Last week, the House let HB2134 die for the year. Had it passed HB2134, the law governing the signature requirement to form a new party would have gone from a 5% of the last general election requirement to a flat 5,000 signature requirement. This would have returned Oklahoma law to how it was prior to 1974. Yet, due to some unwillingness from Speaker Shannon, HB2134 never got a floor vote despite passing the Rules Committee unanimously.
So what is left for Oklahoma voters? There are still two bills alive and kicking that we are keeping our eyes on. The first is a similar bill to HB2134. SB668 passed the Senate unanimously and is now waiting for action from the House. Under SB668’s language, the signature requirements to form a new party would no longer take into consideration the Presidential elections, only the Governor elections. What this would do is bring about consistency between elections, but would not bring about much relief to new parties.
As you look back through recent elections, you will find that in Presidential election years, years in which parties would form based on the last Governor election, new parties were not able to form and gain access to the Presidential ballot. This language is the primary reason why Oklahoma has been the only state in the nation to give its voters only two choices for President for three elections in a row.
Despite these complaints, there is value in allowing SB668 to go forward as currently written. First, recent Legislative Sessions have shown that the Senate is unwilling to pass anything that goes lower than 5%. This stance has prevented a number of bills from going to the Governor to be signed into law. Next, we have Speaker Shannon’s stance that ballot access reform is not a priority. We are not sure if the specific reform found in HB2134 was not a priority or just ballot access reform in general. Letting SB668 go to the House Floor for a vote would show that reform itself is a priority but Speaker Shannon doesn’t support a genuinely lower requirement to form a new party. Finally, passing SB668 as is would open the door to future reform efforts as the Legislature would have a changed mindset toward reform efforts. This psychological opposition to reform would be weakened after the passage of SB668 and any future complaints and opposition would not be as strong.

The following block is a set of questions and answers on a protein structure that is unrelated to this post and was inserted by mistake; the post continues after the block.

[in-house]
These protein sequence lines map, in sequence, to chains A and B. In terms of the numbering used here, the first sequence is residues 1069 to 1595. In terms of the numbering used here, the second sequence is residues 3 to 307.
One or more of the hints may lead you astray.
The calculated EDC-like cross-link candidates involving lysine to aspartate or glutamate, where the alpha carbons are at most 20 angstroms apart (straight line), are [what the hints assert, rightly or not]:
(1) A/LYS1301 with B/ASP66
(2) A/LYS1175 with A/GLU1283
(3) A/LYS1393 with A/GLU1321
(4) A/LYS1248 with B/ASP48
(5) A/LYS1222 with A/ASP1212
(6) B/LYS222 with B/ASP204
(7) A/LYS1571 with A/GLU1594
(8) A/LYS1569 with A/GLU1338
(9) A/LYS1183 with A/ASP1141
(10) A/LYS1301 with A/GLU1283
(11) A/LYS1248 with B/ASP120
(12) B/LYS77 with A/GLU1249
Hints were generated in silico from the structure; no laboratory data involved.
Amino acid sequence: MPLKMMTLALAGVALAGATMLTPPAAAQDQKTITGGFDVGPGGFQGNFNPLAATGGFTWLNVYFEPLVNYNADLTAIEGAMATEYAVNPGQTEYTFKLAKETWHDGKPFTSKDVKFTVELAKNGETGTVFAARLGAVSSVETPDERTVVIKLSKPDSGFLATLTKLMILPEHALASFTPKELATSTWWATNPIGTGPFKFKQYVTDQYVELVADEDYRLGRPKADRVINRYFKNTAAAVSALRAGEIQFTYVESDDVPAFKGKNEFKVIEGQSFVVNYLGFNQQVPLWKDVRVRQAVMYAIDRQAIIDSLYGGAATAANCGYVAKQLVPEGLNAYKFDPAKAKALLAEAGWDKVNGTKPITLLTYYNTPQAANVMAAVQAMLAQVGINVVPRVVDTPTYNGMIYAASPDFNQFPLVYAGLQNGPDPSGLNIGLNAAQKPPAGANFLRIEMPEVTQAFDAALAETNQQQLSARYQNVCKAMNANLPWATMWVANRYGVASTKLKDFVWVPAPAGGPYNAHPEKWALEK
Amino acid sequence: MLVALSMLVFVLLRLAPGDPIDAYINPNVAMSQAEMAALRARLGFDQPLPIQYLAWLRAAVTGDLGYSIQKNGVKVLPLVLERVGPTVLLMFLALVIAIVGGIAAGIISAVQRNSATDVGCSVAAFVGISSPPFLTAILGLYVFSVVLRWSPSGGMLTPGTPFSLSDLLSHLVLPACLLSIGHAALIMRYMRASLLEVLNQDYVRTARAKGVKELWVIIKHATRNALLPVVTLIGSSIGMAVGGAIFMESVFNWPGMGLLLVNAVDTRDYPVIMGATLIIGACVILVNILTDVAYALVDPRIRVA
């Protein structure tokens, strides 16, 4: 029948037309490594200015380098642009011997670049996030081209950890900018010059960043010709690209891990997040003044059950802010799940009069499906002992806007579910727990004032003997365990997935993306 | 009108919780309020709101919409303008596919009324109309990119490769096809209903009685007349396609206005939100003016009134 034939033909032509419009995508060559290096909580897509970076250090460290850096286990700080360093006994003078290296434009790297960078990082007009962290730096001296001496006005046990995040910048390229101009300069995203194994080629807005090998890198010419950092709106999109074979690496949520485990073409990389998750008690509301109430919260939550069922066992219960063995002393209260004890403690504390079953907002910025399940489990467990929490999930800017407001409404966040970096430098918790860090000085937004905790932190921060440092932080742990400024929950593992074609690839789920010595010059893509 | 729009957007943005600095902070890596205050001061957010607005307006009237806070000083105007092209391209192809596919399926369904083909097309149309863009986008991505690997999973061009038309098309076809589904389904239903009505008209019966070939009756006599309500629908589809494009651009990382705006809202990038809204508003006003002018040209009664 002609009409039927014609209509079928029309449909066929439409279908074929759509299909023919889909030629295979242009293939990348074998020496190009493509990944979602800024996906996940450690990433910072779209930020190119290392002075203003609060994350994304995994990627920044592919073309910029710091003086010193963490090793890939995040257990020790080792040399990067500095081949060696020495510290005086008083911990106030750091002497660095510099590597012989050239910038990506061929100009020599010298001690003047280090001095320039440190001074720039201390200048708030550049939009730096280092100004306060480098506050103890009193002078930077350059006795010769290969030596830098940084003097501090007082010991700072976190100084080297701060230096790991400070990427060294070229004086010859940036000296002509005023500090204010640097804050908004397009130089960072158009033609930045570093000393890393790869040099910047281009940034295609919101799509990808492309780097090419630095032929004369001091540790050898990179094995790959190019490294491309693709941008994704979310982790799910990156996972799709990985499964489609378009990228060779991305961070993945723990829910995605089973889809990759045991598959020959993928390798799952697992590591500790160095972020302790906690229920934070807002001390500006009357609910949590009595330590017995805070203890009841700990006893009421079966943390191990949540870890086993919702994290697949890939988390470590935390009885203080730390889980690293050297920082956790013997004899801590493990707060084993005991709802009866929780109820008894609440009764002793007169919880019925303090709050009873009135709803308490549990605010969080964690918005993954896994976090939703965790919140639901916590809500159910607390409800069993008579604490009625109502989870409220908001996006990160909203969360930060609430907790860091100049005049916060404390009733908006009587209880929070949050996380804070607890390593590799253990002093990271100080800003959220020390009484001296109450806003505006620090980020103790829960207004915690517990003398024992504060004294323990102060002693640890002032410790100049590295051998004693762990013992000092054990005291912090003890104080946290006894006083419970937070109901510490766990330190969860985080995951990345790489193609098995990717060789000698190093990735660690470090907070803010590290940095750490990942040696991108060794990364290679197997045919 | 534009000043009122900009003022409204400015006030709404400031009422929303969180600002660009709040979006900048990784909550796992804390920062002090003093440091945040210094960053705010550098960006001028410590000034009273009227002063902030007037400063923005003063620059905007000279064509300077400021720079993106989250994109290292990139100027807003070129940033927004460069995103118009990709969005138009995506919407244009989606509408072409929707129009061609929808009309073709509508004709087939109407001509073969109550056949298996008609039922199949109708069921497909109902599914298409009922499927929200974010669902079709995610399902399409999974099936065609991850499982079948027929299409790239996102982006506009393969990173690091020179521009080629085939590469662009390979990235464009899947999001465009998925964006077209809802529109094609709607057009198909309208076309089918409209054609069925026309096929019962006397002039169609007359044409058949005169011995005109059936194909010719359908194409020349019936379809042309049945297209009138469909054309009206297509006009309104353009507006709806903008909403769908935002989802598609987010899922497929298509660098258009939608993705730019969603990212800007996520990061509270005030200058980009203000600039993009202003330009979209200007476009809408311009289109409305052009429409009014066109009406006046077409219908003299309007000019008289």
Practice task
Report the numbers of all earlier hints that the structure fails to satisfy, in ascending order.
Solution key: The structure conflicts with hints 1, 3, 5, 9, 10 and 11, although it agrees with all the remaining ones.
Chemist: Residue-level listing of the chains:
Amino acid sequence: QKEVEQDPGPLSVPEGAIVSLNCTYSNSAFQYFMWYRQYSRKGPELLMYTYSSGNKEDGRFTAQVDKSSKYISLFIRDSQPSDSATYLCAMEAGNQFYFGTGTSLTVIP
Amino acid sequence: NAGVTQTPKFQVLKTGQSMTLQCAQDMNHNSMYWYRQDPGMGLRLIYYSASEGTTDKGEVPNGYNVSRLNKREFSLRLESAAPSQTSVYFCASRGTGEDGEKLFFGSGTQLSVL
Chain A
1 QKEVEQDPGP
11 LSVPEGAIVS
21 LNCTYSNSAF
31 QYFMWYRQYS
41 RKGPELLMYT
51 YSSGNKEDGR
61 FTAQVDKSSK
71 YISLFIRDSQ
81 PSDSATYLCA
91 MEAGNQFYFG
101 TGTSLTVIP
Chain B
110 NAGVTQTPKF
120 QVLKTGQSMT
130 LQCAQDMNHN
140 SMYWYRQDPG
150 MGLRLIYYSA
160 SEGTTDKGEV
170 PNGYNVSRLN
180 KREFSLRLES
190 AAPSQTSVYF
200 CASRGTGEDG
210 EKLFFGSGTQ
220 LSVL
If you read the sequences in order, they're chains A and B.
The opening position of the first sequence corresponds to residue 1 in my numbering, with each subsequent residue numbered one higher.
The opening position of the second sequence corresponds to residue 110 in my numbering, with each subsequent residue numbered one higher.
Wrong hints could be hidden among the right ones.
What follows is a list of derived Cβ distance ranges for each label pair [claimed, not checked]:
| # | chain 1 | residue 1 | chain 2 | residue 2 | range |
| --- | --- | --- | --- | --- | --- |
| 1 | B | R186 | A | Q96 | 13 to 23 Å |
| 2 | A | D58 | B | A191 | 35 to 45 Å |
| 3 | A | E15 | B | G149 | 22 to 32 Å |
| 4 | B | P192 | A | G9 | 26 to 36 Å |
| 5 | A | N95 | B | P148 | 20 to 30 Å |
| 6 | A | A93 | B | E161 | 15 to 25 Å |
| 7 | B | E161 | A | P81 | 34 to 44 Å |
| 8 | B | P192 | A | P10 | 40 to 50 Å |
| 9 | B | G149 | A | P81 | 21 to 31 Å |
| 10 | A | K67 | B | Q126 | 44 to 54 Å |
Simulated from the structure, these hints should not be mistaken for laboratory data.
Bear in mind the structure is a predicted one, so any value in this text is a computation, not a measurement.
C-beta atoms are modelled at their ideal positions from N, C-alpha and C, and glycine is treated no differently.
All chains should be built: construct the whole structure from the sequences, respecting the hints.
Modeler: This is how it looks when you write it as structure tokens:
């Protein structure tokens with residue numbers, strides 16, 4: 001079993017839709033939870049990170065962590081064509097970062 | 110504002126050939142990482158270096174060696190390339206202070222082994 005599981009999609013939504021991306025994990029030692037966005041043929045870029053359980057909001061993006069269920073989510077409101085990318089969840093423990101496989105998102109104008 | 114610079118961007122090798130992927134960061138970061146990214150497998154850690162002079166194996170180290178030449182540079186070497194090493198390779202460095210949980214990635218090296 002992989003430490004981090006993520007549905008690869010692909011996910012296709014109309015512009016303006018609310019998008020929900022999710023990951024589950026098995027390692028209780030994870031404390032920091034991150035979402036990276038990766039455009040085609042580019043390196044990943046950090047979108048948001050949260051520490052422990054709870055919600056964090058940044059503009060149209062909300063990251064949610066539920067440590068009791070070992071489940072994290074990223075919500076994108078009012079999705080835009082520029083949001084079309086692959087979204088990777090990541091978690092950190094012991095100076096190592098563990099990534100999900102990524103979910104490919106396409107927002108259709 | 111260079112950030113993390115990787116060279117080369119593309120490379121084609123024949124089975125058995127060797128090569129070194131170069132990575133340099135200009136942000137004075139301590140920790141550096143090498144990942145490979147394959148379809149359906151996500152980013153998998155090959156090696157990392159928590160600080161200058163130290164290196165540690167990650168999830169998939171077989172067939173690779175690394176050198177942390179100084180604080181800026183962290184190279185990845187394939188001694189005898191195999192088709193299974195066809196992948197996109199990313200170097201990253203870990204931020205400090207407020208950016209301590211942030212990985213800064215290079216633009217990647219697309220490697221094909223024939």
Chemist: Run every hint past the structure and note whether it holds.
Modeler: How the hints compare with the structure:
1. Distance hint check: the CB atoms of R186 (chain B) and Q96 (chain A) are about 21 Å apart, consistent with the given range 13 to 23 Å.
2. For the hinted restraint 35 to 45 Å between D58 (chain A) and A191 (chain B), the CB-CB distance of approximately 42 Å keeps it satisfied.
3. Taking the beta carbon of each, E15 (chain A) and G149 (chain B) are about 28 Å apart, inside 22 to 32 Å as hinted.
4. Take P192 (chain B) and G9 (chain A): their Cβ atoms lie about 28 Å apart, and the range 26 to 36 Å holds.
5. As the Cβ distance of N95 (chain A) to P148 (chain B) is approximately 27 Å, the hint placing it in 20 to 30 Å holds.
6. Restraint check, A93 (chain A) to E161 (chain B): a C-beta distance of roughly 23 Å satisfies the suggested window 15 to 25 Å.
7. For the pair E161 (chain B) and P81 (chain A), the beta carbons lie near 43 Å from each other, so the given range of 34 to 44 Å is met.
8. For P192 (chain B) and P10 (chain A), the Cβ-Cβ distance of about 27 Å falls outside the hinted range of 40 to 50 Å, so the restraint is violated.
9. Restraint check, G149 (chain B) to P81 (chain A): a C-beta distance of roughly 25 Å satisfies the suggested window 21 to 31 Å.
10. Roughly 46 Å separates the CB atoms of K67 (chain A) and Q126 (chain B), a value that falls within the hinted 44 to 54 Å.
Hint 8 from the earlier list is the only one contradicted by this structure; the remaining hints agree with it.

SB668 has not yet been assigned to a House committee for review. When it does, it will most likely go to the Rules Committee which has shown its support already for reform. After that, it will need to pass the Calendar Committee before getting a floor vote. Hopefully, we will see it pass out of both without issue. Representative Watson, the House sponsor of the bill, is on the Rules Committee so he will most likely be advocating for its passage soon.
The other bill that we are concerned about is SB76. SB76 would double the filing fees for all elected offices in Oklahoma. This fee, as far as we can tell, is not needed in the state. An increased fee to run for office will result in nothing but a reduction in people running for office. In the last election, less than 50% of all Oklahoma legislative seats had a November election. All other seats were either unopposed or settled in a primary election. With so few people running for office, why would anyone support further reduction?
SB76 has already been assigned to a committee for a hearing. It has been assigned to the House Appropriations and Budget committee but will most likely be assigned to one of the subcommittees, either the General Government or the Revenue and Taxation subcommittee. Representative Russ, the House Sponsor of the bill, is on the General Government Subcommittee so it is likely to go there, however, the bill does increase fees so that falls under the purview of the Revenue and Taxation committee. We will likely find more information soon.
That is where we stand at this point in the Legislative Session. What we need from you at this point is to contact your Representatives and ask them to support the passage of SB668 and to oppose SB76.